ROME—It is only fitting that Rome would opened its doors to an elaborate exhibition on the city of Dvin, the capital of Armenia between the fifth and ninth centuries on the occasion of the 20th anniversary of independence.
As part of the International Biennale of culture, an event developed around eleven historic, artistic, and archaeological exhibitions, Dvin exhibit at the Museo do Roma, is dedicated to archaeological discoveries found in and near the ancient capital of Armenia.
The city of Dvin connected Europe and Asia and was important for its geographical and strategic location along the Silk Road. More than 40 pieces, excavated from the archaeological ruins in the province of Ararat, are on display
“Dvin used to be the capital linking West and East, and it was the capital of the Silk Road. Armenian historian Anania Shirakatsi said that there were six commercial roads going out from the city linking to the Silk Road and to different parts of the world,” explained Armenia’s Ambassador to Italy Rouben Karapetian in an interview with Romereports.com.
Dvin had 150,000 inhabitants and was an important trade center during medieval times. But in the year 893 an earthquake destroyed the city. The only things to survive were different works of art and a memory of the city.
These works of art give a sense of the greatness of the society there. Glass plates and ceramics, crucifixes and pots made of silver and bronze, as well as old coins from the time period and tapestries on display in the exhibit detail the life of Christ.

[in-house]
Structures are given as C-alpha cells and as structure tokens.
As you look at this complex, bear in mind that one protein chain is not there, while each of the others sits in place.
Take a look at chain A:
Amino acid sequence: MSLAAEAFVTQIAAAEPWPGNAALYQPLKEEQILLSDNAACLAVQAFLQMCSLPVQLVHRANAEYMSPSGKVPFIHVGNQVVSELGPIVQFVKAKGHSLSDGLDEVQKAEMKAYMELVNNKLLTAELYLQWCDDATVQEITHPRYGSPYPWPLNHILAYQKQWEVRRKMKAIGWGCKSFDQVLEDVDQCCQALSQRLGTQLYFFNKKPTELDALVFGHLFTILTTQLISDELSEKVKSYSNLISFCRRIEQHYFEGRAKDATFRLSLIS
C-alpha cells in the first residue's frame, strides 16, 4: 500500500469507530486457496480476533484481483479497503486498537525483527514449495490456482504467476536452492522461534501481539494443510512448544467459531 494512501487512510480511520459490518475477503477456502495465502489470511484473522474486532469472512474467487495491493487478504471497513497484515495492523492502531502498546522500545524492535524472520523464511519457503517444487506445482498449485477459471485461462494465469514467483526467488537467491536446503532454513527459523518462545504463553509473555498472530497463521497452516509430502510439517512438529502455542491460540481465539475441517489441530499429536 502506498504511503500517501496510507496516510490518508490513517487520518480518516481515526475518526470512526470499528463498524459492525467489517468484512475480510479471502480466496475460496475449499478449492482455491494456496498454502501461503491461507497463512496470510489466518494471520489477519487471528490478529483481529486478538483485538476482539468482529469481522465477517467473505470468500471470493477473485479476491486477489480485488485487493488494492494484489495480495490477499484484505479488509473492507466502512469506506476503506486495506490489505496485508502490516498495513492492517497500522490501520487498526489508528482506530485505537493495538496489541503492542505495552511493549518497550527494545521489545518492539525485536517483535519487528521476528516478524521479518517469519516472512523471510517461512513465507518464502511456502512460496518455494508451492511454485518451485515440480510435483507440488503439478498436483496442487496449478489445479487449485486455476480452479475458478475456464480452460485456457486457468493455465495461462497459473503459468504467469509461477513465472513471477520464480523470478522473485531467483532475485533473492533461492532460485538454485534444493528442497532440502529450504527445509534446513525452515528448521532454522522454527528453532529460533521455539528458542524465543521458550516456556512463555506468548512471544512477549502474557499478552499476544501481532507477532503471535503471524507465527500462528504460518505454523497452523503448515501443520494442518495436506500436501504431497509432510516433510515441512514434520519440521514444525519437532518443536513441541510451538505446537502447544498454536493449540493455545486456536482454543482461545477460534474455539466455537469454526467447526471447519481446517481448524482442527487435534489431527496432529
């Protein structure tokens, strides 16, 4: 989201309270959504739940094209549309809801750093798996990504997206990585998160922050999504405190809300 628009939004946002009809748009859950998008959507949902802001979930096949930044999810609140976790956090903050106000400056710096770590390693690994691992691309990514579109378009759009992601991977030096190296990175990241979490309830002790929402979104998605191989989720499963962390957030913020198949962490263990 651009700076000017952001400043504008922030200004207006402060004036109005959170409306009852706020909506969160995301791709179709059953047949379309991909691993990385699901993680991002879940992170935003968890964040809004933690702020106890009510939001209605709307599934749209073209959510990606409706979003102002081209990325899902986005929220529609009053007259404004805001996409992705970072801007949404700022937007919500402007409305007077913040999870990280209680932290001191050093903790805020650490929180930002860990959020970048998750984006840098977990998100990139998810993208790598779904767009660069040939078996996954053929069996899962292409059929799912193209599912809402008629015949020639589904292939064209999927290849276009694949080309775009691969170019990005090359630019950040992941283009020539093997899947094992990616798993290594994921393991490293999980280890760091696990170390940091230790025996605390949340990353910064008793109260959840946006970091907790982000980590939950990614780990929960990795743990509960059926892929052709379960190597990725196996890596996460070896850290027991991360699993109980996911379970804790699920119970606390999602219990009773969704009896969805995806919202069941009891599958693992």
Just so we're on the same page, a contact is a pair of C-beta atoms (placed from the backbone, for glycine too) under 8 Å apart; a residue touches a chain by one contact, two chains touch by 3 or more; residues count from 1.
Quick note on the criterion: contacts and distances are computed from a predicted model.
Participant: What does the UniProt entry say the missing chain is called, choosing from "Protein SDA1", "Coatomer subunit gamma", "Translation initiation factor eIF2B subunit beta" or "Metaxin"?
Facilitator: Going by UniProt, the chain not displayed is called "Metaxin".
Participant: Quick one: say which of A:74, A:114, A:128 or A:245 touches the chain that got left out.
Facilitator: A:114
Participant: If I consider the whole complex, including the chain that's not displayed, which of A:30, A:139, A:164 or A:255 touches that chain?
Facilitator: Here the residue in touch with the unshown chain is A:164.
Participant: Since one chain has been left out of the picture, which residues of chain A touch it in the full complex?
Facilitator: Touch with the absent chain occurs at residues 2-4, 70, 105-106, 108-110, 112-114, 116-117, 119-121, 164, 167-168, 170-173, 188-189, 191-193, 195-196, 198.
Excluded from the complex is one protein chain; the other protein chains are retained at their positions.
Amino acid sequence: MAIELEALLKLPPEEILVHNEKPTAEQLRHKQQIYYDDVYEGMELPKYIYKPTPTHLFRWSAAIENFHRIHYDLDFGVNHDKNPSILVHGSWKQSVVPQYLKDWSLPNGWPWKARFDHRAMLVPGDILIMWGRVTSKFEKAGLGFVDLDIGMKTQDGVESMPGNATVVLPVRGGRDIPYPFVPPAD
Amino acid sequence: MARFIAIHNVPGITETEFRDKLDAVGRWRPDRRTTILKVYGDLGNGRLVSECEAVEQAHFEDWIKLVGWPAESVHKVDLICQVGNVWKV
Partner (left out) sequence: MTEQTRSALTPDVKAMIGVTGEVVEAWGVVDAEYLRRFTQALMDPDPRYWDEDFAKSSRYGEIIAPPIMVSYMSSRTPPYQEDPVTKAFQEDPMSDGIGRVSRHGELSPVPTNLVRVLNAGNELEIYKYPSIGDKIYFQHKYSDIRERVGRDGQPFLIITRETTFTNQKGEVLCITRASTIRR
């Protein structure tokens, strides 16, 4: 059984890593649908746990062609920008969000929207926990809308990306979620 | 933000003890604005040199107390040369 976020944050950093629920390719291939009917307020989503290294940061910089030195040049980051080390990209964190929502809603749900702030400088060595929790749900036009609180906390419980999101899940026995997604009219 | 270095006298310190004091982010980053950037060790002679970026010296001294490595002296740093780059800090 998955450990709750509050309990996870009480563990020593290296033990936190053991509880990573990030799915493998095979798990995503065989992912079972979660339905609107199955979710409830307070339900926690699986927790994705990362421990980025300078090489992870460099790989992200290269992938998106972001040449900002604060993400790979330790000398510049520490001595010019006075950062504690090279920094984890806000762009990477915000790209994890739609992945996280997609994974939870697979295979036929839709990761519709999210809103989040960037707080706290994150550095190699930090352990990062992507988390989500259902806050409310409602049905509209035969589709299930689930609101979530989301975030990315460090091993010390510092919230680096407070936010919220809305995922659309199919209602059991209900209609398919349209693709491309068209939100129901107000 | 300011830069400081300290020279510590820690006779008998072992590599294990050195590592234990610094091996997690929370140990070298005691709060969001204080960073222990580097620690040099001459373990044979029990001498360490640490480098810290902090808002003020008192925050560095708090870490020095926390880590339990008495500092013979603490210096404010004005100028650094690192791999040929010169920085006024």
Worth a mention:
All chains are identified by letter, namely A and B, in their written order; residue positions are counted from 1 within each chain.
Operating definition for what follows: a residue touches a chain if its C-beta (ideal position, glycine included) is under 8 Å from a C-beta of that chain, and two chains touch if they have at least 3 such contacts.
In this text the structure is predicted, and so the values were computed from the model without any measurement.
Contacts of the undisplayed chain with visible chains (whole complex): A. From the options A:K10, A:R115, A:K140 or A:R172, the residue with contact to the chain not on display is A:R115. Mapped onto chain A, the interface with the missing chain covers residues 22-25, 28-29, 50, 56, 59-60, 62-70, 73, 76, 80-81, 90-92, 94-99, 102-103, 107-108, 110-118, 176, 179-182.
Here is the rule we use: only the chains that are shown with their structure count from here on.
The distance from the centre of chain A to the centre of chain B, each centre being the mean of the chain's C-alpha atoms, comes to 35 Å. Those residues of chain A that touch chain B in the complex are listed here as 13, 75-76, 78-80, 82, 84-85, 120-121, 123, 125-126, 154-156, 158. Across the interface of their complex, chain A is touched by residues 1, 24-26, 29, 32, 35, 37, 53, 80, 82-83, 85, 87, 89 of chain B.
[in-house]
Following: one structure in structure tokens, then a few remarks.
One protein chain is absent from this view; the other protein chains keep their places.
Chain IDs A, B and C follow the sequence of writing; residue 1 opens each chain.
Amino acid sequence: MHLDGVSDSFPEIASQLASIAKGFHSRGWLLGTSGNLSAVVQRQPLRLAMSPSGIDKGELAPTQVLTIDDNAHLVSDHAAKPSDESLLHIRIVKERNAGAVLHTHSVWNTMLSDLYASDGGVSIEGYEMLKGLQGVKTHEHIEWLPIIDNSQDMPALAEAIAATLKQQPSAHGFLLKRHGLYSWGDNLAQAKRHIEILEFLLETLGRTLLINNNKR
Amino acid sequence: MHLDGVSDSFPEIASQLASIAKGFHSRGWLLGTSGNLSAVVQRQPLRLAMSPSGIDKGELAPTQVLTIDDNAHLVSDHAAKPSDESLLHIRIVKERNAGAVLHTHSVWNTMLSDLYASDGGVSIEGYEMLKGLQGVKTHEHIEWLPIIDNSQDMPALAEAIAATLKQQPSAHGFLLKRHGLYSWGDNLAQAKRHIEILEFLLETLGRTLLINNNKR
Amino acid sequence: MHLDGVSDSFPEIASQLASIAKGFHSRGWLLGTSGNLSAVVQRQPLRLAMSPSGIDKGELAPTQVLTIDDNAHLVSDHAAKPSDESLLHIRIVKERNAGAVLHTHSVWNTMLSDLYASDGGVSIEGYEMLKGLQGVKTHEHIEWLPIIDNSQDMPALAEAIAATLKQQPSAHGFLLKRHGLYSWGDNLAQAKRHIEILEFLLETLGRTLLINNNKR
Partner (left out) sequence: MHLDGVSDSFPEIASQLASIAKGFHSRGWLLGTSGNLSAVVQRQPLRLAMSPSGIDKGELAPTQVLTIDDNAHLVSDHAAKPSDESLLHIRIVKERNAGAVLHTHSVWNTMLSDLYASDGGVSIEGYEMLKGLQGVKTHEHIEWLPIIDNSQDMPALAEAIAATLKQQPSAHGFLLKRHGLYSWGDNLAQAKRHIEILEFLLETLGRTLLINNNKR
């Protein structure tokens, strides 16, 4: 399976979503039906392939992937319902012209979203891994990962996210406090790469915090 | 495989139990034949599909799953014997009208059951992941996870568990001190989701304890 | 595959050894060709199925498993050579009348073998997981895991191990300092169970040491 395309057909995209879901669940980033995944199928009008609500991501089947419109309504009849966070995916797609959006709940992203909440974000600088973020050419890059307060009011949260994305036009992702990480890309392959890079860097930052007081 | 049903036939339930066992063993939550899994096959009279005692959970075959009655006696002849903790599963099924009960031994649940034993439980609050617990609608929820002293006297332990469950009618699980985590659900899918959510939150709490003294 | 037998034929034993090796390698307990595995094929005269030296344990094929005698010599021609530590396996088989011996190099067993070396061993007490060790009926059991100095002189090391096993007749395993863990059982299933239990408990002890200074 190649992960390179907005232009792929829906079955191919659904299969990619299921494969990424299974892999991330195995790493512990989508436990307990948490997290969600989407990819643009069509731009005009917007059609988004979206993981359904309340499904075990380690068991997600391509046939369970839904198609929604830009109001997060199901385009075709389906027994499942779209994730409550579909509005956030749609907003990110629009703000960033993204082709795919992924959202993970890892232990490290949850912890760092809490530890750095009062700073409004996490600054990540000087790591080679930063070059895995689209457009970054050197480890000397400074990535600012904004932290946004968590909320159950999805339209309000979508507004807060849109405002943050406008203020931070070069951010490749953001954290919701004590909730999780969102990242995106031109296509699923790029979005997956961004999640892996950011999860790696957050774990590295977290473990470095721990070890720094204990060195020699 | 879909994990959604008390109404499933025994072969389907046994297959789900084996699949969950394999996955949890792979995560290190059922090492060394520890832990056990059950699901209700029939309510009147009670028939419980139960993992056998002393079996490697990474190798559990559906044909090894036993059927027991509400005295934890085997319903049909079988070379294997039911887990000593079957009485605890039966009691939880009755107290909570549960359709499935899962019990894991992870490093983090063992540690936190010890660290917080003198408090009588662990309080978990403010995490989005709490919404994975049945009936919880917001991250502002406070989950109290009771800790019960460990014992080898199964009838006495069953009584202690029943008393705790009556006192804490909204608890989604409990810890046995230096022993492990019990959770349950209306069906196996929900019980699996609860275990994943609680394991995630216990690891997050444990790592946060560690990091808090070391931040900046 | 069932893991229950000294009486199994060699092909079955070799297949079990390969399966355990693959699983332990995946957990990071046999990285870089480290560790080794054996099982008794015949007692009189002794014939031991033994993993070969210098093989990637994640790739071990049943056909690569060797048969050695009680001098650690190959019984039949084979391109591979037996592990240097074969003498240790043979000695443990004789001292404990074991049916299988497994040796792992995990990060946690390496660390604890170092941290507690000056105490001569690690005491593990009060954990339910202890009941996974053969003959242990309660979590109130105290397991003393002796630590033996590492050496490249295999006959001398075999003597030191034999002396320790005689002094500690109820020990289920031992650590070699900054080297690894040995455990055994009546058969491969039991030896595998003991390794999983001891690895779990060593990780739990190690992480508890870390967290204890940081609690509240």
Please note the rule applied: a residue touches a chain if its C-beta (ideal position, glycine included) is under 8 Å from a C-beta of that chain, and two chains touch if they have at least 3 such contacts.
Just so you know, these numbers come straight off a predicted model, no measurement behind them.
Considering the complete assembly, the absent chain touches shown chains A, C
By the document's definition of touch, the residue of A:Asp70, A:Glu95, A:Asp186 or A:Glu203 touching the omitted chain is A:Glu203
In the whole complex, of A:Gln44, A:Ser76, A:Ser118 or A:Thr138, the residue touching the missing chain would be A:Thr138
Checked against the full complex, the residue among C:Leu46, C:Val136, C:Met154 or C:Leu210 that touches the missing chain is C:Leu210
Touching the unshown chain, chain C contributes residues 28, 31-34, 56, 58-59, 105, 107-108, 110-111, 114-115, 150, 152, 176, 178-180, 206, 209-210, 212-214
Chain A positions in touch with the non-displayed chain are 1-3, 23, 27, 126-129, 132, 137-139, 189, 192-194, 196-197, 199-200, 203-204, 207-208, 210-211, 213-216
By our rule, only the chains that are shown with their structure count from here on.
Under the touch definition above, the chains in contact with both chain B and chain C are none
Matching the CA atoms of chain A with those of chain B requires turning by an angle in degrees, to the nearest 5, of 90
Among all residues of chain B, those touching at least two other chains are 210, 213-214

One in particular shows two chapters of the crucifixion and a model of a church sculpted in stone. A Bible from the fifth century, which was the first book written using the Armenian alphabet, is also on display.
“We wanted to present a small part of the heritage and the high level of culture that existed as expressed in traditional ceremonies, in a manuscript, in the frescoes and in carpets of the 8th century of the Armenian Apostolic Church. Armenia is the first Christian nation in the world, we adopted Christianity in 301. We are also proud to have a small part of some artifacts of the Armenian Church,” added Ambassador Karapetian.
During the opening ceremonies traditional Armenian music was performed on the duduk. The exhibition is open to the public until January 29, 2012 and is expected to host the President Serzh Sarkisian when he travels to Italy in coming weeks.